Sunday, 2 December 2018

Punim, Ping, etc.

There used to be (maybe there still are?) a couple of regular features in the Reader's Digest called 'Towards More Picturesque Speech' and 'It Pays to Increase Your Word Power'. I don't know in quite what sense it 'pays' to widen your vocabulary (is there money in it?), but it's always a good idea, as it extends the number of things you can say and understand. And it's often good fun, as is 'picturesque speech', in moderation (somewhere well short of, say, Under Milk Wood).
  Joseph Epstein's essays (yes, it's that man again) demonstrate plenty of word power and of picturesque speech, and have added usefully to my vocabulary. For example, the other night (this is bedtime reading) I came across this sentence, a propos Robert Lowell's poetry and its close relation to the New Criticism of the mid-twentieth century:
'In his early poems, written as if for New Critical analysis, Lowell supplied enough ambiguity to plaster Mona Lisa's smile permanently on the punim of William Empson.'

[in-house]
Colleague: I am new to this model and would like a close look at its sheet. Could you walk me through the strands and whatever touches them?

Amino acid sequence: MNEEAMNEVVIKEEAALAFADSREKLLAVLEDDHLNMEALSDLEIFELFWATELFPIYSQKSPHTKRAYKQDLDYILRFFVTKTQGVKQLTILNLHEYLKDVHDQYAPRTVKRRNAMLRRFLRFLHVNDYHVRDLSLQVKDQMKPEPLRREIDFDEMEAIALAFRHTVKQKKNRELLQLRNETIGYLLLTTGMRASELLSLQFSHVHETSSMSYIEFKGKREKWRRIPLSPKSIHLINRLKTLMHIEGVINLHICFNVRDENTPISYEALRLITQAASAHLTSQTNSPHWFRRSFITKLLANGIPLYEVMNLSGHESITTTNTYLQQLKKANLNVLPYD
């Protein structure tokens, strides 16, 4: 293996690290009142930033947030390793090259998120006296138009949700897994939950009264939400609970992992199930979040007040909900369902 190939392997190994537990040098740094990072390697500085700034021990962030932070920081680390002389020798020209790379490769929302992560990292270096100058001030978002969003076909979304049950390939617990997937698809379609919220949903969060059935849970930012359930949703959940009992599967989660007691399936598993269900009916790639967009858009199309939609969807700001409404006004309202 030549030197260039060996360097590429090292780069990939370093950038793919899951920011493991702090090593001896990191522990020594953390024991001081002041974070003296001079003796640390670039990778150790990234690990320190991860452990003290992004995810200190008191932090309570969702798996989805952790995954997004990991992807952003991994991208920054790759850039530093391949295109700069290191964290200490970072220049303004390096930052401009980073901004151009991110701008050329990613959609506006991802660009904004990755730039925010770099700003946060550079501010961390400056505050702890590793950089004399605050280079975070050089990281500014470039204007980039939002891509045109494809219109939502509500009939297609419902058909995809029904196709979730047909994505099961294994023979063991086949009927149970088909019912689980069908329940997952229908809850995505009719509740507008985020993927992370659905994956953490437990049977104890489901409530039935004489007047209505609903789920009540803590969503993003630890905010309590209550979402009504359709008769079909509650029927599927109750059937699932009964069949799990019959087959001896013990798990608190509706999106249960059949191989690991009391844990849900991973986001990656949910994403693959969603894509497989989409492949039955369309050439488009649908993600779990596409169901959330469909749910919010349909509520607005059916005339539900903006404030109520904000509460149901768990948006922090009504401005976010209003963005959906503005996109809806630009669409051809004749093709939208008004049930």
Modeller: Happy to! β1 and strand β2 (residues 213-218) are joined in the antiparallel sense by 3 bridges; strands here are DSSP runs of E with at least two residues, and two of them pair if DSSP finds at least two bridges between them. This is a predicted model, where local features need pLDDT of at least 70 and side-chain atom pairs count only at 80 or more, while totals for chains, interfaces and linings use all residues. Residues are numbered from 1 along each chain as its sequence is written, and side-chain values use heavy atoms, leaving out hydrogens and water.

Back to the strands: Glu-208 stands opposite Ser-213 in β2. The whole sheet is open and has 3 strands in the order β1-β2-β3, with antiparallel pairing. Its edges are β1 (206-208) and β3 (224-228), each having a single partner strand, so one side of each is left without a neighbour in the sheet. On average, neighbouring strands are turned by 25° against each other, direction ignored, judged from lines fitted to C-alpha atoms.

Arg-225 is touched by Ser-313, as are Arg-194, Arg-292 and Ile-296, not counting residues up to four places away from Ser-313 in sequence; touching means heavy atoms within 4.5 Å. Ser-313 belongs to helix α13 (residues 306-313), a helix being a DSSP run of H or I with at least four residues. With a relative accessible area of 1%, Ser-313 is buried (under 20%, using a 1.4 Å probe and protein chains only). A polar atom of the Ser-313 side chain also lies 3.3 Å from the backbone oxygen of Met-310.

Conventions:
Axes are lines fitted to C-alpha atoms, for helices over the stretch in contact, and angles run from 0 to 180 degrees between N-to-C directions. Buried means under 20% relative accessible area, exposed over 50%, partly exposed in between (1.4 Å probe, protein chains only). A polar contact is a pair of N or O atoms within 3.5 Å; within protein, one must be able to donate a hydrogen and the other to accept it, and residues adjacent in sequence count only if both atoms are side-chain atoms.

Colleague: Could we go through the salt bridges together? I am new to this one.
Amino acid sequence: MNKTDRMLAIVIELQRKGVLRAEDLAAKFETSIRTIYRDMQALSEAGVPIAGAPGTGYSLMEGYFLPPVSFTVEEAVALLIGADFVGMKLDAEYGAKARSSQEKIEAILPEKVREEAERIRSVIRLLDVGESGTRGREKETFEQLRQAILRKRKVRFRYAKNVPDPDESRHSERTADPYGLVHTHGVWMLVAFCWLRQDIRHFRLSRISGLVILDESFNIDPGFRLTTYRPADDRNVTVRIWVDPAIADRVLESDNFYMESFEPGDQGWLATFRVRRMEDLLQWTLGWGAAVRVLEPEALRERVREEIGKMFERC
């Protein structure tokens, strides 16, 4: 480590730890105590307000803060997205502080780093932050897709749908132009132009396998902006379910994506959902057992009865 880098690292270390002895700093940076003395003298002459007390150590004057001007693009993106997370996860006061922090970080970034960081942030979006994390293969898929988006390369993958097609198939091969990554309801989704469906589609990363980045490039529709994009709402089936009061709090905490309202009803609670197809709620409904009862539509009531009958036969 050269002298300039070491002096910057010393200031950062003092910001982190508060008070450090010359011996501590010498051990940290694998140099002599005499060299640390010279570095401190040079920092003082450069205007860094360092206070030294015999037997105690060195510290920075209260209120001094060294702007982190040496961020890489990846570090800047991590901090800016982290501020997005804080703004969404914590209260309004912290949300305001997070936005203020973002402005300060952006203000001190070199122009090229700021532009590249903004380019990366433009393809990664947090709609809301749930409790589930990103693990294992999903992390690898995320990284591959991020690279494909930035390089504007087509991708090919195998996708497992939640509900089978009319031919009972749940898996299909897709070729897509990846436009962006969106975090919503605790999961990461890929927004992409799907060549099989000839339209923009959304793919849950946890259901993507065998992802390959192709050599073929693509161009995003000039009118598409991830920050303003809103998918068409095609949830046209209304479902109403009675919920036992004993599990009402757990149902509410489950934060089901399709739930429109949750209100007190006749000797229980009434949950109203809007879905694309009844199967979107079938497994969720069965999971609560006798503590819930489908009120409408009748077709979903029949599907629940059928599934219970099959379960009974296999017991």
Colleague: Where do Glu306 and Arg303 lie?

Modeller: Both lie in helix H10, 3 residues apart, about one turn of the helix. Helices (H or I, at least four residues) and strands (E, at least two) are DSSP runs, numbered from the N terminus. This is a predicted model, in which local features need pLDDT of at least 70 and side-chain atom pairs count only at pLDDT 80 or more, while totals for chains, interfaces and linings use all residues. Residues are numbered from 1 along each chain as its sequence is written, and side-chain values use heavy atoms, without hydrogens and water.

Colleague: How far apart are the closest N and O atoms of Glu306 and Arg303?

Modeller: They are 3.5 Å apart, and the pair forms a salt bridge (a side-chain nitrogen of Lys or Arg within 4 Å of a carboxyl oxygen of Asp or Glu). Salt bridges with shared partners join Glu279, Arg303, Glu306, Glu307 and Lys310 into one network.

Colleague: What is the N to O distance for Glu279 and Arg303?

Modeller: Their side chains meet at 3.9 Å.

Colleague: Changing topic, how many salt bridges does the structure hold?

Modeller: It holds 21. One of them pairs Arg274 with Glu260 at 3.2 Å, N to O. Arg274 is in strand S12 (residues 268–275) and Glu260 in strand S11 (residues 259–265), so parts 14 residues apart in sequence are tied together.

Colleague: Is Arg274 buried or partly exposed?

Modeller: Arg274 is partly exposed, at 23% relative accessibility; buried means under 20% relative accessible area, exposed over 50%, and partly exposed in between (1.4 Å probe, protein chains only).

Punim? Goy that I am, I had no idea that this is a Yiddish (or Yinglish) word for the face, as in 'Look at that punim, as my grandma would say', or indeed 'shayna punim', a pretty face, a 'cutie patootie'. Good to know.
  Epstein has great fun with Lowell – as he does with Edmund Wilson, Mary McCarthy and Elizabeth Bishop, the four of them forming a rather unattractive literary daisy chain, decidedly wilted now (though the best of Elizabeth Bishop will surely live). Here's a little Epstein gag on the usefulness to a poet of being a Boston Brahmin:
'Would Lowell's poem "My Last Afternoon with Uncle Devereux Winslow" give off quite the same ping if the poem were titled "My Last Afternoon with Uncle Manny Klein"? Think, maybe, not.'
 'Ping' is good too.


5 comments:

  1. I remember Epstein introducing me to the word "costive," which, in context, I liked as a synonym for "reticent" or "taciturn." Upon looking it up, I learned that the primary use was in describing literal, not metaphorical, constipation, and decided I probably wouldn't use it. I may well be full of it, but I'd rather not provide that image too readily.

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  2. Yes – one to be handled with care, that one...

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